The shelving system is called Floating Spaces, and is completely adjustable in height.  Although we carefully composed the standard widths and shelf placement, it is designed to be flexible.  The seating is a small banquette, as large as space would allow.  This is composed simply of laminate panel material.  I love banquettes and in fact, if I had one at home I would be sitting in it typing this right now.

The last display also contains some Floating Spaces, integrated into a series called S2.  This is SieMatic’s “channel” series, of handle-less cabinets.  SieMatic invented the handle-free design of kitchen cabinets in 1960, and this look is exceptionally popular today.

SieMatic Sterling grey gloss laminate display

The finishes are Titan oak (a limed quartersawn veneer) and Sterling grey “similacque” laminate.  This gloss laminate is so flat and distortion-free, it looks just like lacquer.  I understand it is coated with a clear gloss so in fact it is really a paint finish on top of laminate, and the clarity is just simply remarkable.  Combined with the “Zero” edge of the door, there really isn’t anything else that compares.

We are very happy with this display but I should remark how I miss the design we replaced, if only because of the Photoshop work I had to do documenting it.  The old display in Terra Brown gloss lacquer, from my main website at mickdesign.com :

Old SieMatic display at Charleston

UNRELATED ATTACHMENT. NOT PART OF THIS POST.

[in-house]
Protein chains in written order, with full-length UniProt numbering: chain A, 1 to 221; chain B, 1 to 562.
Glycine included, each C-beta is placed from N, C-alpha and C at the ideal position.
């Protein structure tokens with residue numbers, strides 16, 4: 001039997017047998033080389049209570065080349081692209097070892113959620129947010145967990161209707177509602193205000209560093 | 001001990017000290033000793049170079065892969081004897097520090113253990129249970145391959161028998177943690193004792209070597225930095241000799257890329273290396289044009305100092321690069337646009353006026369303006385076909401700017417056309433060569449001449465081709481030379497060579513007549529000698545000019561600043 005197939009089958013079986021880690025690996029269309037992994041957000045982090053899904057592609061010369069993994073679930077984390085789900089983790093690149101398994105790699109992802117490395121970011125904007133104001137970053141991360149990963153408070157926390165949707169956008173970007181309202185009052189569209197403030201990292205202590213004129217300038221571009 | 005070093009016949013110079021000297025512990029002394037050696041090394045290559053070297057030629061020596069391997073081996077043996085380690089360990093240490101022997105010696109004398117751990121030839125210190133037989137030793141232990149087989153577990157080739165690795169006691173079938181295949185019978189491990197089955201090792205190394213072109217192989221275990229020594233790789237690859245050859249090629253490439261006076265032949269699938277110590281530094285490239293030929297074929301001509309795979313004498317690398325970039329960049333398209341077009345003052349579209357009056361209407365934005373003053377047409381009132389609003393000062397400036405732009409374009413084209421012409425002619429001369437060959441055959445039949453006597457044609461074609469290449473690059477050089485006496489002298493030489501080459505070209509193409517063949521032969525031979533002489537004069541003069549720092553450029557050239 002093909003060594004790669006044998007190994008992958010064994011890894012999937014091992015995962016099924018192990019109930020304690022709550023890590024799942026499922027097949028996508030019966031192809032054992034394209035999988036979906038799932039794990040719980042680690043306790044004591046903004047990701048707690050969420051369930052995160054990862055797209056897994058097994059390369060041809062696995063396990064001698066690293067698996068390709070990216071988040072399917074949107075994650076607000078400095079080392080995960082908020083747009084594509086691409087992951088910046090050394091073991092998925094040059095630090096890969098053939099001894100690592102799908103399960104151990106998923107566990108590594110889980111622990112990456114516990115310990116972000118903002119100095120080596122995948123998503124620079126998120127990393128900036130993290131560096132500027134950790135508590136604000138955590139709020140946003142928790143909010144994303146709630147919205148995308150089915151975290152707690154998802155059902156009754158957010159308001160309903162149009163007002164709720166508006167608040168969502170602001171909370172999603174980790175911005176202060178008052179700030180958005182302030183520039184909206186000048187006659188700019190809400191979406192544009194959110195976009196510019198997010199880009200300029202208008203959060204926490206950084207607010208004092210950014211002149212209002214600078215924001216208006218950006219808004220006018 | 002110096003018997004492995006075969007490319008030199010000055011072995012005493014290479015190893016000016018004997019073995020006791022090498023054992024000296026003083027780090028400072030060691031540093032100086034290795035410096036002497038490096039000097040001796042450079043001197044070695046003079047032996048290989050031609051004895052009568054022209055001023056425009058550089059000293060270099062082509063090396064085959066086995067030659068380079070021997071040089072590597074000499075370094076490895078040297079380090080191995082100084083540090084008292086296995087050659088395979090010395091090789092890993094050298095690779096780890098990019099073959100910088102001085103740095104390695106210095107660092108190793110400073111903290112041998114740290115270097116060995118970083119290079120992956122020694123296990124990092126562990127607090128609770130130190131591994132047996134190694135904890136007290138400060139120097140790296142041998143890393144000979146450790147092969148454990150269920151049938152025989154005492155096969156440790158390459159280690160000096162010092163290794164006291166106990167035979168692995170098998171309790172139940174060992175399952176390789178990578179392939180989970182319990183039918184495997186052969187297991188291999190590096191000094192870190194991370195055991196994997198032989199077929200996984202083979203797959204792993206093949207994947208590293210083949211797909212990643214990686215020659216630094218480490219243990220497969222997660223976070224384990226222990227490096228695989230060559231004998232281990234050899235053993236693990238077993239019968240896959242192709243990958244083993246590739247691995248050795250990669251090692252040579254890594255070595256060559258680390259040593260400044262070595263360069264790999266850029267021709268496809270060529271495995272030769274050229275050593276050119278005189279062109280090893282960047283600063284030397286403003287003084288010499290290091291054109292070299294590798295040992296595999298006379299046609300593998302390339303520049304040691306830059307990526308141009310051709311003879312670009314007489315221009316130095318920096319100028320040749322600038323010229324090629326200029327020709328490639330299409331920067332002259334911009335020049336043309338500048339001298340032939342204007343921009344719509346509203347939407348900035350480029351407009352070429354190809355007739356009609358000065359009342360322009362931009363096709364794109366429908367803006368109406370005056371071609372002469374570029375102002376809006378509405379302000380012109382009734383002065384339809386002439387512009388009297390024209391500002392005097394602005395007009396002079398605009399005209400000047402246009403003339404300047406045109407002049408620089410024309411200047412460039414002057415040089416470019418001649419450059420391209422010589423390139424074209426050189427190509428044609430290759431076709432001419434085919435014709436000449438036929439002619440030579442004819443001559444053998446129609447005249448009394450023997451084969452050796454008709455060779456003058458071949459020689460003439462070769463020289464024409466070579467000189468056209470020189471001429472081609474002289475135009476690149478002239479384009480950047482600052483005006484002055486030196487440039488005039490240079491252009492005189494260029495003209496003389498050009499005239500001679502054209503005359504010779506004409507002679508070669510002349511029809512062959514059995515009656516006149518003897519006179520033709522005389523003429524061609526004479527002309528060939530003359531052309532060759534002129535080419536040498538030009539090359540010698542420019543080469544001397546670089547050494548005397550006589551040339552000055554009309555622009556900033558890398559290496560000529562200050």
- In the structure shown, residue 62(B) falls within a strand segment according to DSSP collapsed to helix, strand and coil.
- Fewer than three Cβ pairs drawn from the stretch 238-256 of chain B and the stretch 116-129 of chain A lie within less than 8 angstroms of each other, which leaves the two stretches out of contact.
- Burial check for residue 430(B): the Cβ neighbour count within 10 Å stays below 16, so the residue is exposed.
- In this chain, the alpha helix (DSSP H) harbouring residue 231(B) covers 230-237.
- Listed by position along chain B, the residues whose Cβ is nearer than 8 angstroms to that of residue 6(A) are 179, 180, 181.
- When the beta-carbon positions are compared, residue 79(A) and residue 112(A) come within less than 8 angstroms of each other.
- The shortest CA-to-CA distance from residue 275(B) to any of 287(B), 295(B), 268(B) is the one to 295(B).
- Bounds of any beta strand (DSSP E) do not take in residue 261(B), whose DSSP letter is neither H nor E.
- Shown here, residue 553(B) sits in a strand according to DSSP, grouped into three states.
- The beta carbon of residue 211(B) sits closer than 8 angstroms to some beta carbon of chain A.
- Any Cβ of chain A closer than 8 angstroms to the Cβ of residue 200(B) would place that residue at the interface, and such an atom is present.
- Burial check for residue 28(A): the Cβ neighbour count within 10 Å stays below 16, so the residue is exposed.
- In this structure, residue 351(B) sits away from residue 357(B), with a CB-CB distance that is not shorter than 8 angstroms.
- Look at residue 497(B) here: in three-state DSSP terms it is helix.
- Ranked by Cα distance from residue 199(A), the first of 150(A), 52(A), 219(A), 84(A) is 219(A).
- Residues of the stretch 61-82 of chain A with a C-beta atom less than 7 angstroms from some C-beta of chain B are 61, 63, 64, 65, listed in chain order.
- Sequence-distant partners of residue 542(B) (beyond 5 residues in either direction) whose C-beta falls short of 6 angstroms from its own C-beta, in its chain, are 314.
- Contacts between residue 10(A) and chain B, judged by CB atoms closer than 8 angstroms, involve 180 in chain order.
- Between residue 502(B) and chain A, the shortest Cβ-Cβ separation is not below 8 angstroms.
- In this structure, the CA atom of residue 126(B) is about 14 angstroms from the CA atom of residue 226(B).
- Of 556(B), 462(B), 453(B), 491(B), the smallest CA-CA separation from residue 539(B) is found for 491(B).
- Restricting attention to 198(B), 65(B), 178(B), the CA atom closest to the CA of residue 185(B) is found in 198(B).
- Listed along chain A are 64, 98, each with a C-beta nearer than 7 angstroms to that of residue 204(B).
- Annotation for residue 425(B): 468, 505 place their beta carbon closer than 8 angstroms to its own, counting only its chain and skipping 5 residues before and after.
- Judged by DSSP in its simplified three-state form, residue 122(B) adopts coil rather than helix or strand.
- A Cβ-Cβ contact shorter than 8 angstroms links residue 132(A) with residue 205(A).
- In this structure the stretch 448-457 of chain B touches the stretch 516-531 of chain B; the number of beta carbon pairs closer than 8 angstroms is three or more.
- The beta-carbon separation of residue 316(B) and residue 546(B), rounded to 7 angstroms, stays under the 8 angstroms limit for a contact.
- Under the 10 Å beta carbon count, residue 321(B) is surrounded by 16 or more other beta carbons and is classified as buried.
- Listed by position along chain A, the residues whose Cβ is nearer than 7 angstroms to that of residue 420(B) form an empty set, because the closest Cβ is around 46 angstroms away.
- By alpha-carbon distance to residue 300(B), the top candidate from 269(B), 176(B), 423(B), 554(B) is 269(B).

At the time of installation, I had only a 35mm wide lens and this display was very wide, requiring me to do a panoramic stitch-type edit.  This was before easy stitch-type apps were available, where you just follow directions on the screen … so I had to take several manual pans and edit them later.  It was grueling.  So, in support of manual craftsmanship, this old display photo shall take one last victory lap around the internet in honor of midnight photo edit-efforts around the world.

As always, working with SieMatic is a great honor and I’m looking forward to the next round of showrooms this year and beyond.  Have a look at my Facebook page for more news and links to exciting design projects.

New Projects 2014 – SieMatic New York

Among our recently completed interior design projects, SieMatic New York is the highly-anticipated and most carefully detailed of Mick’s latest projects.  SieMatic’s North American flagship showroom is intended to be the prototype for a new generation of kitchen studios, with carefully and authentically-detailed living environments in place of yesterday’s small kitchen vignettes.  With over a year in the planning and making, the project is a collaboration between Mick Ricereto, Chicago’s Mick DeGiulio and Andre Backemaier, manager of SieMatic’s Architecture and Design department.  This global team worked together to develop SieMatic’s new studio and planning philosophy called Timeless Elegance.

SieMatic New York Entry

New York is one of SieMatic’s most important international studios, with the A&D building location going back 25 years with the brand.  Mick Ricereto has been involved in several renovations over the years, with this newest design a complete departure from previous designs.  The most important change was to open up the windows to the relatively new Bloomberg Building view, and breaking up the previous small displays into two living environments.